Translated [1] excerpts from

“Those [letters] were written without consulting the brain. But I am sure the best phrases I have ever written were in those letters that not many have read.” (From Uravidangal [Sources], Matrubhumi Books.) Arunmozhi Nangai’s dimples bloom as she reveals to us the letters she’s been treasuring for the past twenty seven years.


“Bring home the rain’s wetness; let my barren abode sprout life.”

Verses from a letter Jeyamohan wrote Arunmozhi, two decades ago. Life, hopes, love and uncertainties weave themselves into those lines. In 1991, twenty-one year old Arunmozhi Nangai was a student at the Madurai Agricultural College; she was a critical spirit, with literature in her veins. Arunmozhi and Tamizh Chelvi—a colleague—come across a news item in the then-freshly-published Tamil literary magazine, Kaniani, of young writer Jeyamohan winning the Akhi Moon Award for a novel called Rubber. It was hard work to sign up for a subscription to little magazines back then. So it was after a long wait Arunmozhi could finally lay her hands on the text. Reading it, she felt the lives in the story touch her own. She then wrote a lengthy letter to the up-and-coming author, Jeyamohan.

“Is Rubber, dubbed modernist literature, meant for you alone to read? Don’t you know how difficult it is for readers to find written work published through little magazines?’ The criticism, scathing, stretched on…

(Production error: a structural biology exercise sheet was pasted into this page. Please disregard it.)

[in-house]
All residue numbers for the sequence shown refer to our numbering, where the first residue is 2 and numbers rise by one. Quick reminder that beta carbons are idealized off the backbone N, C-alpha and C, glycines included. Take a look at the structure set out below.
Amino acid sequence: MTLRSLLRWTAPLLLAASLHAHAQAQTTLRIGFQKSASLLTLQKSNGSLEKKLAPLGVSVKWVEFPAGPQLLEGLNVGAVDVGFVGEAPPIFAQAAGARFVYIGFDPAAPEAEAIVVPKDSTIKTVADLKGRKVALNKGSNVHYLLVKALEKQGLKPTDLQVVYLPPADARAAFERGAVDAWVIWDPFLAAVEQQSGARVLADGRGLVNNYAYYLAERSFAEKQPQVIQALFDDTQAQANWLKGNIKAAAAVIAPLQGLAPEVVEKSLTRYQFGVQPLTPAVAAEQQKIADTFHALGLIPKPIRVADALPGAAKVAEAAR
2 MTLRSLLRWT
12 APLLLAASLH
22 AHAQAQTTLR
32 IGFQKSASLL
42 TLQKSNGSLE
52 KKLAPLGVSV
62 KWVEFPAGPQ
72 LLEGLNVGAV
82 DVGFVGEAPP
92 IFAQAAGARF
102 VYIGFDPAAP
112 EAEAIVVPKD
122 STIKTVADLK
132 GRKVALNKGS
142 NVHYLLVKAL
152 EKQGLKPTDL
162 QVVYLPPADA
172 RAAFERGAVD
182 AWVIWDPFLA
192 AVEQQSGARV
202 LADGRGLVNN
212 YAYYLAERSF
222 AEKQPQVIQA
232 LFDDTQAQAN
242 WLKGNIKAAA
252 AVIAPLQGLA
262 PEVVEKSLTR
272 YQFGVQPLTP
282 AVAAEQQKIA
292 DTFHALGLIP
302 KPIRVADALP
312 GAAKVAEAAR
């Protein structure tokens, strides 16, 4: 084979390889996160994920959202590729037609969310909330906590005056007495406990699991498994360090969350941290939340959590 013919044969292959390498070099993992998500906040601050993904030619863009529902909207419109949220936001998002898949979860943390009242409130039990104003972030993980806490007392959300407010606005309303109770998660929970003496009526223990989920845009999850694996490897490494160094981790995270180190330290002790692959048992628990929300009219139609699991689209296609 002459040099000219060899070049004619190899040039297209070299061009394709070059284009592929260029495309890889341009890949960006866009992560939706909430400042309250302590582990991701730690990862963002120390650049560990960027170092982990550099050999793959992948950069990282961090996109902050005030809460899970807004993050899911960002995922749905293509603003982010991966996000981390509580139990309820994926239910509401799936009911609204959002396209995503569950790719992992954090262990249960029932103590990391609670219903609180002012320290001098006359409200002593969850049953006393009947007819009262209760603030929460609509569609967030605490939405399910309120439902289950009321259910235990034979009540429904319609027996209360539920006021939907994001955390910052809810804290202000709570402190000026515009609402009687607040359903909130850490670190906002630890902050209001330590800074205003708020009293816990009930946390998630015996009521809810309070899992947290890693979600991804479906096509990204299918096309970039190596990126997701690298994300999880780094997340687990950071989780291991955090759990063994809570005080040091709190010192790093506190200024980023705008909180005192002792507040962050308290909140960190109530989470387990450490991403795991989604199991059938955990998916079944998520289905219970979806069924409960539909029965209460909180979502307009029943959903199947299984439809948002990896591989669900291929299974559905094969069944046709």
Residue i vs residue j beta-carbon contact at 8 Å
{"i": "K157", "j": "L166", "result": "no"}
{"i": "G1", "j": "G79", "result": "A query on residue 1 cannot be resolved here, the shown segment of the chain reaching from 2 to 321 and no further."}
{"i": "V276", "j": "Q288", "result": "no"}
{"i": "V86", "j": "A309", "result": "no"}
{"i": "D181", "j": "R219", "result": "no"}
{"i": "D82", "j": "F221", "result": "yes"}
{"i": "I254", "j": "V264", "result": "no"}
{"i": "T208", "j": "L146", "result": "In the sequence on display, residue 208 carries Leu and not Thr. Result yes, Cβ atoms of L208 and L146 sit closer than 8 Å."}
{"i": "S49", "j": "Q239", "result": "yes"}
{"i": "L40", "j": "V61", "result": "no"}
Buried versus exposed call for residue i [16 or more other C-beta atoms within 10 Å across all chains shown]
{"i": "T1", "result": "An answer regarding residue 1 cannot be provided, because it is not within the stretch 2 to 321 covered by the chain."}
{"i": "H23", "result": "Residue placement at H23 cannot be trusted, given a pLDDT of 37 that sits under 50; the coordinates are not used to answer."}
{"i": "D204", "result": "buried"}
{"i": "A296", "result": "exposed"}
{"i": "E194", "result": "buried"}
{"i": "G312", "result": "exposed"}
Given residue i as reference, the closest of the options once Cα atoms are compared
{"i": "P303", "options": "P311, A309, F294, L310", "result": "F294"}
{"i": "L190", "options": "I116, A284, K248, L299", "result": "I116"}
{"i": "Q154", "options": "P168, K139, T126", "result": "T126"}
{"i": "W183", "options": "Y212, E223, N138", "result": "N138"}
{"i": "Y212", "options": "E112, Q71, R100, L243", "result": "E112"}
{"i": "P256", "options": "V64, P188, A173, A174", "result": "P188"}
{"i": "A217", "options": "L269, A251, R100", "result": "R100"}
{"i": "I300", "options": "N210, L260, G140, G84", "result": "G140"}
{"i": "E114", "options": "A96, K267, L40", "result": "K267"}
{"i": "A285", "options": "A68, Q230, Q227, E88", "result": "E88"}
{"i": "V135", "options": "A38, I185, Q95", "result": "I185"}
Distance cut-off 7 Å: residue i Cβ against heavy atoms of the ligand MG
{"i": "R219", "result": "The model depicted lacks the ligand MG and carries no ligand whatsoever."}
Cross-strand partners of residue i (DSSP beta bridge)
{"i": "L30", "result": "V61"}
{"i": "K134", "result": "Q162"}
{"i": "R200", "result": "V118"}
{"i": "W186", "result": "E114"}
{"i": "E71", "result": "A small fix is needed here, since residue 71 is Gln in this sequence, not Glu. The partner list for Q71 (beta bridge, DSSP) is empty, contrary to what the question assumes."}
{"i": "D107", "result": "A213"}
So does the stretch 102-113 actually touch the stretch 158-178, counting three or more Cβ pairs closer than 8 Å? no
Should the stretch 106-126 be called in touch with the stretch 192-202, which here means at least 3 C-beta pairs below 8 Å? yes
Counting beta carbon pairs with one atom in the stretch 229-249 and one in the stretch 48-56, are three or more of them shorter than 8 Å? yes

Having read the letter, the young author could not forget the letter-writer’s name—a girl from the land of Janakiraman and Kaveri; Arunmozhi Nangai. Eight days later, the author replied: he had written a similar one [fan letter] to Sundara Ramaswamy many moons before and he had known the great Sundara ramaswamy through a little magazine. Even post posting the letter, Jeyamohan couldn’t get the girl’s name out of his head. The harder he tried, the more clarity the name seemed to acquire.

“I still don’t know what was going on in Arunmozhi’s mind as she wrote that first letter; was it love? was it adoration for the author?” Jeyamohan reminisces.


A March 1991 evening, under the canopy of Deodars, they walked the lanes of Madurai Agricultural College. Jeyamohan returned to Dharmapuri and wrote a 10-page letter to Arunmozhi…

“I don’t think a girl [Arunmozhi] can endure all this…

She was 54 when my mother commited suicide. Behind suicides in old age, there must be some kind of grand vision. Her “Jeya, Jeya” calls used to drive me mad. As I would reach the toddy shop for some semblance of solace, my father’s insistence on not drinking would come back to haunt my mind… Then there was the wait at the Kumbala Railway track to end it all, then leaving it all to keep on with the journey all alone. I saw India.

Now I call myself a writer, my life is the writing I do; no hope for riches or fame from this. I am preparing myself for a life of defeat. If you are in love with that too, you may join.” Arunmozhi Nangai wept as she read the letter.

1: Attempted, anyway.

Jeyamohan B., Tamil-Malayalam Author.